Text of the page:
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Part of an on premise app I am moving to the cloud, displays TV Scheduling information from a json source. The core data uses an offset in seconds from a start date to get it's start times which is all fine as these are all int UTC format.

The problem arises in the movement to the cloud.

The on premise app was situated in the UK so the locale is UntedKingdom and the TV times were correctly output using

return programmeStart.AddHours(programmeStart.IsDaylightSavingTime() ? 1 : 0);

However, having now moved to the cloud, the functionality for IsDaylightSavingTime, no longer returns true due to data centers being BST Agnostic.

Been racking my brains for a way to try and sort this.

Is there a quick and easy way to set what locale your hosted service runs under in Azure, or is the best solution to create an extension method that reads the boundries of when BST runs from and to, and then return true or false from there for example

public static class DateTimeExtension
{
  public static bool IsMyDaylightSavingTime(this DateTime timeToTest)
  {
    if(timeToTest >= GetConfig("bstStart") && timeToTest <= GetConfig("bstFinish"))
    {
      return true;
    }

    return false;
  }
}

And the maintaing the config values of bst changing as they move?

Thanks

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2 Answers 2

up vote 1 down vote accepted

You can't change the timezone of the Azure servers - there's lots going on that assumes UTC is the current setting.

You should be able to get hold of the UK timezoneinfo by string, e.g.:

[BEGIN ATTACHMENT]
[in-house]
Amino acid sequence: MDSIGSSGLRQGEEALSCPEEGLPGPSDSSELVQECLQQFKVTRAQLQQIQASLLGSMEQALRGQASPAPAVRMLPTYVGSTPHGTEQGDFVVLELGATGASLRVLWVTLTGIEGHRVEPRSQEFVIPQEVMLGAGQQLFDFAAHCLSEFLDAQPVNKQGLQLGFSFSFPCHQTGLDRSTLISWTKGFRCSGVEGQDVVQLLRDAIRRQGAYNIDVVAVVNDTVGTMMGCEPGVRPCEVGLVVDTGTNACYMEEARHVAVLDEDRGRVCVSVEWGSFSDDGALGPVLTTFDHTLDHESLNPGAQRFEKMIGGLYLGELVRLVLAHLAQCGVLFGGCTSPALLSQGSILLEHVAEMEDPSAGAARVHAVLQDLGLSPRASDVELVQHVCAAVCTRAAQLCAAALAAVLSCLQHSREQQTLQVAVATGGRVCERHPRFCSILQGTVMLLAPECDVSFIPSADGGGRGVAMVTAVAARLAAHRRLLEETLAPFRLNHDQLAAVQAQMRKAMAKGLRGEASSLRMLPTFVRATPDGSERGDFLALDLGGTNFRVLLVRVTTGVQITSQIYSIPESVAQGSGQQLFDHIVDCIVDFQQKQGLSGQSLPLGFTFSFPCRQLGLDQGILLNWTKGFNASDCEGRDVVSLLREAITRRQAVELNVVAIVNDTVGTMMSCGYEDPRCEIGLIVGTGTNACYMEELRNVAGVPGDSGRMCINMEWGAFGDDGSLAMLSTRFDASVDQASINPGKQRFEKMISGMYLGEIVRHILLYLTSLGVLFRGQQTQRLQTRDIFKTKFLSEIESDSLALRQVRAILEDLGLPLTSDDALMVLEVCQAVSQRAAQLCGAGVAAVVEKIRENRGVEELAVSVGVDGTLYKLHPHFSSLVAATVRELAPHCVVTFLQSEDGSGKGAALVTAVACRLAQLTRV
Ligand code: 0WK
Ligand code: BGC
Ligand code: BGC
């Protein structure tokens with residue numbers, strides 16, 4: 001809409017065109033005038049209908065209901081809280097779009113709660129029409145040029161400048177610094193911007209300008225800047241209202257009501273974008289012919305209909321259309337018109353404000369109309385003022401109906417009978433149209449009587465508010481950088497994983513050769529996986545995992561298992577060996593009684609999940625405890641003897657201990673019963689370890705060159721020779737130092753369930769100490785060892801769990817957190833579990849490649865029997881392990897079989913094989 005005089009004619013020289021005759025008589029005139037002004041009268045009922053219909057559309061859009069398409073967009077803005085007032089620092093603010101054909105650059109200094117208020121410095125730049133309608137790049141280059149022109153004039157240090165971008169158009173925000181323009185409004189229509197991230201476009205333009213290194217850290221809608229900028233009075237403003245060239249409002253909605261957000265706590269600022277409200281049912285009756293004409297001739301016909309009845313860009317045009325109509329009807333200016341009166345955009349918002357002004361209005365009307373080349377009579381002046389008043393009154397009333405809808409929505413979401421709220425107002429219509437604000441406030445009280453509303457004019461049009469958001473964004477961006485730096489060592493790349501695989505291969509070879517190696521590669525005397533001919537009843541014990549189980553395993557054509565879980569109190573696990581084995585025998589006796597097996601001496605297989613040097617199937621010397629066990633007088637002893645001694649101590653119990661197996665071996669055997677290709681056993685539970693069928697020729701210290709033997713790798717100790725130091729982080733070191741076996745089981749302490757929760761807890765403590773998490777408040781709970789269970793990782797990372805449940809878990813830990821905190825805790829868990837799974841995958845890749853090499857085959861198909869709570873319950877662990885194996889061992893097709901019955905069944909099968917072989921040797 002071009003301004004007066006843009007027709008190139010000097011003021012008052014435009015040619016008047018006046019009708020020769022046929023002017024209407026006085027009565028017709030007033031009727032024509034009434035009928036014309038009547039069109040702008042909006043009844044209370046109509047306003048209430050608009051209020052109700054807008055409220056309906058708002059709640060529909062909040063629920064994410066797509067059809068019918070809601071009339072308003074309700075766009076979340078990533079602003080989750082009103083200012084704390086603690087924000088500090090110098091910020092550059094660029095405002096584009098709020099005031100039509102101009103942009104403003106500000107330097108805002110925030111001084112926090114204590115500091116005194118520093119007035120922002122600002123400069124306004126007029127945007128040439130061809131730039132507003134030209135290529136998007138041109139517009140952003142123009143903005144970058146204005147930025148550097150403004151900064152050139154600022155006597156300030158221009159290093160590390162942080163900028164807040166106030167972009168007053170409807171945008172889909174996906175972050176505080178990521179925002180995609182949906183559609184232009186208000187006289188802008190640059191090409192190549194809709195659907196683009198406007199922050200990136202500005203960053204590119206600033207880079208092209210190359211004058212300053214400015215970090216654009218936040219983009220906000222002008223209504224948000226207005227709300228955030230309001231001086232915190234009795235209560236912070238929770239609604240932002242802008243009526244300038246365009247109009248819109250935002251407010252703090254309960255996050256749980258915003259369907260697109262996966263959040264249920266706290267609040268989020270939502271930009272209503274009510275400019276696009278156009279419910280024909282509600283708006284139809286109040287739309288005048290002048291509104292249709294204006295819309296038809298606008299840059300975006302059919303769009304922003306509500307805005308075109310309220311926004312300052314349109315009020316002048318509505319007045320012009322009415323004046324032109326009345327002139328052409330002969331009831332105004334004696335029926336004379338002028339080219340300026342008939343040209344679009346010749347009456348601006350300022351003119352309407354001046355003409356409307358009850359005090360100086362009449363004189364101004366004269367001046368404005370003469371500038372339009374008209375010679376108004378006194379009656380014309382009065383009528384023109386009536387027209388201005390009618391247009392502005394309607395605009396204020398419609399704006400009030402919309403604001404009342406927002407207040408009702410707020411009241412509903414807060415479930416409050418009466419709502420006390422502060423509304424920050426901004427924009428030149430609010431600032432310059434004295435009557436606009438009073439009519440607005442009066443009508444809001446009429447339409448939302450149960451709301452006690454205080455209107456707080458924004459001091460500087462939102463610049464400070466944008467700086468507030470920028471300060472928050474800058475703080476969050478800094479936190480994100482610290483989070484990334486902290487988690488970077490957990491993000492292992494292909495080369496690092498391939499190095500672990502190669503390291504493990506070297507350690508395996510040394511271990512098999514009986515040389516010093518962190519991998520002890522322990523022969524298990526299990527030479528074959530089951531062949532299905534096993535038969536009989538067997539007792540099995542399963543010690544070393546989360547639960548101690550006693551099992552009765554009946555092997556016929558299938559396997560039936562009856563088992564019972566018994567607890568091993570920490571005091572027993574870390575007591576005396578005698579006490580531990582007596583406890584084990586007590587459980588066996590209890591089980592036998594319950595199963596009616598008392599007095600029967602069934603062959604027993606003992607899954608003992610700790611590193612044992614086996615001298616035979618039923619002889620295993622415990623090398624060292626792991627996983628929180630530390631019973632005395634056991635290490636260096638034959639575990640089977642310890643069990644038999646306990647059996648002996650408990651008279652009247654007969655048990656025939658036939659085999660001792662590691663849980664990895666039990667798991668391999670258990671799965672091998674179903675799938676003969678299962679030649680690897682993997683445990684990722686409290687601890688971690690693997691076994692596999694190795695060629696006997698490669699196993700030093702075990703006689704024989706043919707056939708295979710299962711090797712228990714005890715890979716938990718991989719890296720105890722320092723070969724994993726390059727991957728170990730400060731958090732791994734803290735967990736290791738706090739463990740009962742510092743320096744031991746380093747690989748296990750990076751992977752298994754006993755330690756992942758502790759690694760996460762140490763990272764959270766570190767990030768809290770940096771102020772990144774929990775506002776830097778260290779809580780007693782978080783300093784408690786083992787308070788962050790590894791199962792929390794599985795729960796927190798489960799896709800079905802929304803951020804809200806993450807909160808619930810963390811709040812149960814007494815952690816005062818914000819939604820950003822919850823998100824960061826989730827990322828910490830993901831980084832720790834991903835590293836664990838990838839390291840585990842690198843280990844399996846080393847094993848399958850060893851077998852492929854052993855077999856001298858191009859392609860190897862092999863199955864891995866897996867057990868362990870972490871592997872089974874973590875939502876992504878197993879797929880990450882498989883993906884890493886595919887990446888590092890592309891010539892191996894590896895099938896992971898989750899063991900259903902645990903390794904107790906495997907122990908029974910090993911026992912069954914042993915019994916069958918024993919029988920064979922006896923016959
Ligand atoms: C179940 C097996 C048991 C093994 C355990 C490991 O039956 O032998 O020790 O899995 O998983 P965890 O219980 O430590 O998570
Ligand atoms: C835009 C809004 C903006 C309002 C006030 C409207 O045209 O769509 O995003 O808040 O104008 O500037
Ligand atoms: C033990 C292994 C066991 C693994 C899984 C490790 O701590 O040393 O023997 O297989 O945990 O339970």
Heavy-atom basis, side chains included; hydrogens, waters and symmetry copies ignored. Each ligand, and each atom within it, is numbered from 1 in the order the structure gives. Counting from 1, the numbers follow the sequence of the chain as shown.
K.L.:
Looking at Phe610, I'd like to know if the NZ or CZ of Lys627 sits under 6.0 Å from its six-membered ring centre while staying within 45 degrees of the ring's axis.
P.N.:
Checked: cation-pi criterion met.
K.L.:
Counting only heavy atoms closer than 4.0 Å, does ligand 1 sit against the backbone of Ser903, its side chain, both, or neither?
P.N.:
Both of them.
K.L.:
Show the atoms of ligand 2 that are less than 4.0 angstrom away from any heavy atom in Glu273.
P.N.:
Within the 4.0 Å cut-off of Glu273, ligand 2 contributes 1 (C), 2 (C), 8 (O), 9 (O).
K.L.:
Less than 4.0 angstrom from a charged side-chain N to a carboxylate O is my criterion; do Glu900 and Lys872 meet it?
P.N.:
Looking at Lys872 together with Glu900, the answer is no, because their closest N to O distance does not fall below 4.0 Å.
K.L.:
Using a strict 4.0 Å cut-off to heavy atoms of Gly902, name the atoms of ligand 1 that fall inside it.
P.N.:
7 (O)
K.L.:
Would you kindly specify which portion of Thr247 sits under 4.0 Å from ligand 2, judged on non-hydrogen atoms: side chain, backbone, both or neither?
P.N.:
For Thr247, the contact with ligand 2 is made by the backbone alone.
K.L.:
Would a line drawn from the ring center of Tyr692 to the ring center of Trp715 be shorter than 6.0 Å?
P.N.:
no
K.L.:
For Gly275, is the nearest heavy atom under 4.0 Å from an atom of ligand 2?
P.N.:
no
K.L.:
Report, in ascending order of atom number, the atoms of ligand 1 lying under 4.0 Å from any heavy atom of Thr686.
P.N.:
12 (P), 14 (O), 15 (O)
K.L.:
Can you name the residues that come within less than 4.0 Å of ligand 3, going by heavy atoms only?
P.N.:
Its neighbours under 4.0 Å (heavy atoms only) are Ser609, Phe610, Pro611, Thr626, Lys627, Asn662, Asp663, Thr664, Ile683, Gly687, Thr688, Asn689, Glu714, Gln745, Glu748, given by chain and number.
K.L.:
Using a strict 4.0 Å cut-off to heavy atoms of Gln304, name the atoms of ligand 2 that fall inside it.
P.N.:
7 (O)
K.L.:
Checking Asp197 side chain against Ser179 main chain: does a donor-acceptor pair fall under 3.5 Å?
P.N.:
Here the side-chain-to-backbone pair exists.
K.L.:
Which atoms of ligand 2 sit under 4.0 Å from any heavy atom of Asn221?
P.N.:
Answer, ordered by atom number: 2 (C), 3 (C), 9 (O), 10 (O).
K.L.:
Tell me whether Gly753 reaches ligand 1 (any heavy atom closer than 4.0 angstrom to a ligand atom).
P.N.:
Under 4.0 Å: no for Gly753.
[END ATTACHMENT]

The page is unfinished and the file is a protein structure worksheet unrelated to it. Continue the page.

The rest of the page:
TimeZoneInfo tzi = TimeZoneInfo.FindSystemTimeZoneById("GMT Standard Time");

After you've done that, then you can use the framework method TimeZoneInfo.IsDaylightSavingTime http://msdn.microsoft.com/en-us/library/bb460642.aspx

tzi.IsDaylightSavingTime(DateTime.Now);
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Cheers Stuart Have gone for programmeStart.AddHours(TimeZoneInfo.FindSystemTimeZoneById("GMT Standard Time").IsDaylightSavingTime(programmeStart) ? 1 : 0); –  Brett May 23 '11 at 9:25
    
Why would you code a 1 or 0 when you have the offset? programmeStart.AddHours(TimeZoneInfo.FindSystemTimeZoneById("GMT Standard Time").GetUtcOffset(DateTime.UtcNow)) makes so much more sense. Not only is it clear what you are adding, but it is future proof should the offset change at some point. BTW, taking away points for an answer is not very nice when I pointed you to it already and you go and accept the same answer from someone else. –  dunnry May 23 '11 at 14:13
    
All our problems are nothing compared to what Samoa programmers will have to think about - telegraph.co.uk/news/worldnews/australiaandthepacific/samoa/… :) I have +1'd the other answer to try to help appease the situation. In an ideal solution, I think I'd use a mix of the two answers - I'd use FindSystemTimeZoneById from this answer and GetOffset from dunnry's answer. –  Stuart May 23 '11 at 20:24

Why can't you simply return UTC and let the client translate that per their locale?

Edit: Here is code

var offset = TimeZoneInfo.GetSystemTimeZones()
.Where(z => z.Id == "GMT Standard Time")
.Single()
.GetUtcOffset(DateTime.UtcNow)
share|improve this answer
    
The TV listings need to show the UK time for the program starts, so client time translation isn't really an option. –  Brett May 20 '11 at 14:14
    
Alright, so I suppose you could use the TimeZoneInfo class and ask for the specific timezone you are looking for in order to do this then. See this method: msdn.microsoft.com/en-us/library/… –  dunnry May 20 '11 at 14:25

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